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Assassin's Creed | III | review | game | Lollipop
Assassin's Creed III
(Ubisoft for Xbox 360)
By Mike Delano
As much as the rapidly building anticipation for Assassin's Creed III seemed to indicate a big new direction for the series, in reality, the game shares a lot of its structure with its predecessor, Assassin's Creed: Revelations. That's mostly a very good thing, since both games like to bombard the player with all manner of gameplay variety, from Revelations' first-person platforming and tower defense interludes to III's naval combat and deep crafting/trading systems.
The minor downside to this buffet of extra gameplay choices is that while all of them are good, they're rarely great (naval combat is a remarkable exception), and the constant shifting between styles can at times interrupt the flow of the story. Thankfully, the core of the series - fluid traversal across detailed, lively environments - is better than ever in AC III. You play as Connor, a half-Native American, half-British assassin in the 1700s in the years leading up to the American Revolution. This means you get to not only explore the rooftops and streets of a young city of Boston, but also the vast frontier that surrounds it. Climbing up cliffs, skipping from treetop to treetop in the forest, and scurrying across lushly realized creeks rank among the most satisfying experiences available in gaming today. That you're able to do so while the seasons change around you and a day/night cycle constantly threatens to provide a dramatic dusk or dawn backdrop to your adventuring is just another reason it's easy to fall in love with this game world.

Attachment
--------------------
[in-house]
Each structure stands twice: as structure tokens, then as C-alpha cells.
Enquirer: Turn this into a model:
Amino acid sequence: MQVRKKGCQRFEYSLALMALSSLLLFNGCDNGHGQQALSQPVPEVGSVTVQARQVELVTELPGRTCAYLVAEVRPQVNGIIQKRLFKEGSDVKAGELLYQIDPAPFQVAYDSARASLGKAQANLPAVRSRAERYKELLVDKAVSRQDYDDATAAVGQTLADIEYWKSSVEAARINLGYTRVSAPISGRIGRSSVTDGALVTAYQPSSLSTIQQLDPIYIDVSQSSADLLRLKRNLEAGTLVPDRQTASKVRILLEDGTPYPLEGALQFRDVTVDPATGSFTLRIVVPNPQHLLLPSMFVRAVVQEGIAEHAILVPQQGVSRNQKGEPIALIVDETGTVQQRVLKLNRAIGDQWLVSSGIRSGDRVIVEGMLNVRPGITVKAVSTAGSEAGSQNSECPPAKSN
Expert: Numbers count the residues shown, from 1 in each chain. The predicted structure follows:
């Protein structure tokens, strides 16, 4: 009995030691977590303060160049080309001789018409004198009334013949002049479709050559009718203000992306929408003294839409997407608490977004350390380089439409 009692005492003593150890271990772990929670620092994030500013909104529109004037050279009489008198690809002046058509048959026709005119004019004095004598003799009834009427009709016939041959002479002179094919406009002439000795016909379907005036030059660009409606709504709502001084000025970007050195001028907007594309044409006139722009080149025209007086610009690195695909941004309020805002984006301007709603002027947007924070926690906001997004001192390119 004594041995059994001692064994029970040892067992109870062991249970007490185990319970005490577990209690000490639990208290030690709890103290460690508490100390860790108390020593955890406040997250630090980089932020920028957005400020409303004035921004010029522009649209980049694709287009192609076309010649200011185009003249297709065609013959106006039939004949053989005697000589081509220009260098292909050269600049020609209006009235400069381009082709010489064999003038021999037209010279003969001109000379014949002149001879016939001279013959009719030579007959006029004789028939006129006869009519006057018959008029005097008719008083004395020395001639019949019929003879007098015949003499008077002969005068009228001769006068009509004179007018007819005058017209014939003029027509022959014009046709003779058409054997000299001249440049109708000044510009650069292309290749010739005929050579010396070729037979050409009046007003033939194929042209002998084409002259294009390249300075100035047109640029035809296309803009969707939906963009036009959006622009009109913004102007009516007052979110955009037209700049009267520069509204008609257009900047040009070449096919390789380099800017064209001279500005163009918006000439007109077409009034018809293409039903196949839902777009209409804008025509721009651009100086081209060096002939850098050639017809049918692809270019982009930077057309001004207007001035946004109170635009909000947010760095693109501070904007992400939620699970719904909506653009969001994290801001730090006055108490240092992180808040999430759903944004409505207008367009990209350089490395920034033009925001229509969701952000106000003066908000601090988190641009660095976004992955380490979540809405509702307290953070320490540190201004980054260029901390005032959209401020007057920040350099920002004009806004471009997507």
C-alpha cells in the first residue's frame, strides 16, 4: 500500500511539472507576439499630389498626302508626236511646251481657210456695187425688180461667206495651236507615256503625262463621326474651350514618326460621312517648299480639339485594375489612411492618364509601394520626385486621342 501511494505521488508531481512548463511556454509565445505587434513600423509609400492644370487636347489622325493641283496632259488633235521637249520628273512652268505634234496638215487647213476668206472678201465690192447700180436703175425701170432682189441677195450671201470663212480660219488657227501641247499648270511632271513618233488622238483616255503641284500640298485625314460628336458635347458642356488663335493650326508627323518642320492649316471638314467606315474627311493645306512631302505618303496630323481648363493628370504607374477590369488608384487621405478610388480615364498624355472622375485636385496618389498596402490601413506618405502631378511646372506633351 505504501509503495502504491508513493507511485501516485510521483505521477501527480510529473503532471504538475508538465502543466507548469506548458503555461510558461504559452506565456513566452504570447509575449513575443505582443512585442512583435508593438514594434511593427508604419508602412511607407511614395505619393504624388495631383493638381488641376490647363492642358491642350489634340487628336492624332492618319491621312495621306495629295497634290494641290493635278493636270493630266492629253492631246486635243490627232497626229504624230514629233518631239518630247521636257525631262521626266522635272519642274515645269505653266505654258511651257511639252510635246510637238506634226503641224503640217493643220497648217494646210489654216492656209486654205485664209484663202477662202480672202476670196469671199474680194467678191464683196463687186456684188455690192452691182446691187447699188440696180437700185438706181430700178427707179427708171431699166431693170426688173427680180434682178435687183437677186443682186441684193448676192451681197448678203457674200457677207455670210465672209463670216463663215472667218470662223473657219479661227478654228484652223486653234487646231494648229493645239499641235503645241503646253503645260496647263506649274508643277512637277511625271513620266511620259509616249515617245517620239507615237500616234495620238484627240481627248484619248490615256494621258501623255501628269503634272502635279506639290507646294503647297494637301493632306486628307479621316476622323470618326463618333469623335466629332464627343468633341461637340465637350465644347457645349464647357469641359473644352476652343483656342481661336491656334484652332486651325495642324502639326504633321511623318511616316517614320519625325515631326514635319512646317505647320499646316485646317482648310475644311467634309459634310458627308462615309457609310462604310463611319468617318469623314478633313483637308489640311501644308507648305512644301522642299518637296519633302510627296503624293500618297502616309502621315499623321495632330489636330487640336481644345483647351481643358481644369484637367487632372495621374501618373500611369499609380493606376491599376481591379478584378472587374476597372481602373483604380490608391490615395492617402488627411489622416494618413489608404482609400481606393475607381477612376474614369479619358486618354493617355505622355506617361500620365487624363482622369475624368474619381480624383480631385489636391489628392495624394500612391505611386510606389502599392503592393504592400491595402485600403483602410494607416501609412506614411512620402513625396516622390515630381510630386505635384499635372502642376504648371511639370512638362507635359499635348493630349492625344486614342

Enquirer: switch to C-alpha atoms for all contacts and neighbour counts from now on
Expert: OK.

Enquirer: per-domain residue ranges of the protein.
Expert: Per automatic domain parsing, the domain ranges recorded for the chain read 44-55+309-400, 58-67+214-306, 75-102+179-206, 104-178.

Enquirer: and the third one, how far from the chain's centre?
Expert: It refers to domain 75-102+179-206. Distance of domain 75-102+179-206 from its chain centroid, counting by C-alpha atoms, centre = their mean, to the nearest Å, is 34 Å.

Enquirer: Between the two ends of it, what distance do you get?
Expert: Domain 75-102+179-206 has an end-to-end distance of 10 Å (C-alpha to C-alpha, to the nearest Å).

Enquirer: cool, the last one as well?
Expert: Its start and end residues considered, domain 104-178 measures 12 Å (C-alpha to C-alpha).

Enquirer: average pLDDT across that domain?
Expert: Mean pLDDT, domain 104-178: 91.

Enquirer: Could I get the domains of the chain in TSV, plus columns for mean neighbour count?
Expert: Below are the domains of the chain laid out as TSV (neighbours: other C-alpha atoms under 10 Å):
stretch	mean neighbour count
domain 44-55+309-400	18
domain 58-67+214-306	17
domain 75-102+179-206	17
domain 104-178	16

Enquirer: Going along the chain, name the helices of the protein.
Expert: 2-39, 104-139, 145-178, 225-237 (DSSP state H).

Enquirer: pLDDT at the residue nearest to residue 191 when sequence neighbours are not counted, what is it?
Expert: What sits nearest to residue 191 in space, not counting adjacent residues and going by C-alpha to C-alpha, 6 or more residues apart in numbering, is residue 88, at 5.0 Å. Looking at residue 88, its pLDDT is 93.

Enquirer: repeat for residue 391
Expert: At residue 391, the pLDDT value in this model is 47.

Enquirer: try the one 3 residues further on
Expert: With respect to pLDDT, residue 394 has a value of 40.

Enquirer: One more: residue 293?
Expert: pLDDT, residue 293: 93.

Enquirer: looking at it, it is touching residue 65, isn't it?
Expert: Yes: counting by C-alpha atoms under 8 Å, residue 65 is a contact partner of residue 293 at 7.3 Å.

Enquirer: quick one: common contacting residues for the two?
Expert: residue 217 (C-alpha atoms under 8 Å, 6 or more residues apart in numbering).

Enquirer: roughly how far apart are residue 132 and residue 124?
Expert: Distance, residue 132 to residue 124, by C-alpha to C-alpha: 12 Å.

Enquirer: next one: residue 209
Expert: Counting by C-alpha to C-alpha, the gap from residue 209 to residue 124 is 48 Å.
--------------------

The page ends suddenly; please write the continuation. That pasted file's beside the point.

Complementing Connor's story is the continuing modern-day tale of Desmond and his struggles against the Abstergo Corporation, as well as the next evolution of the series' multiplayer component, which also reaches new heights in this entry. Beyond the further refinement of the overall hide-and-seek multiplayer conceit, there's an intriguing Manhunt mode that rewards defensive play and an addictive, cooperative Wolfpack mode that sends a group of players out on a coordinated killing spree.
There's so much to like in AC III that it's hard not be overwhelmed by its many charms. This franchise seems to have a limitless amount of creativity to draw from as it continues to flesh out its grand vision, but more importantly, AC III proves that talented creators are in place to channel that creativity and realize each of these chapters to their fullest potential.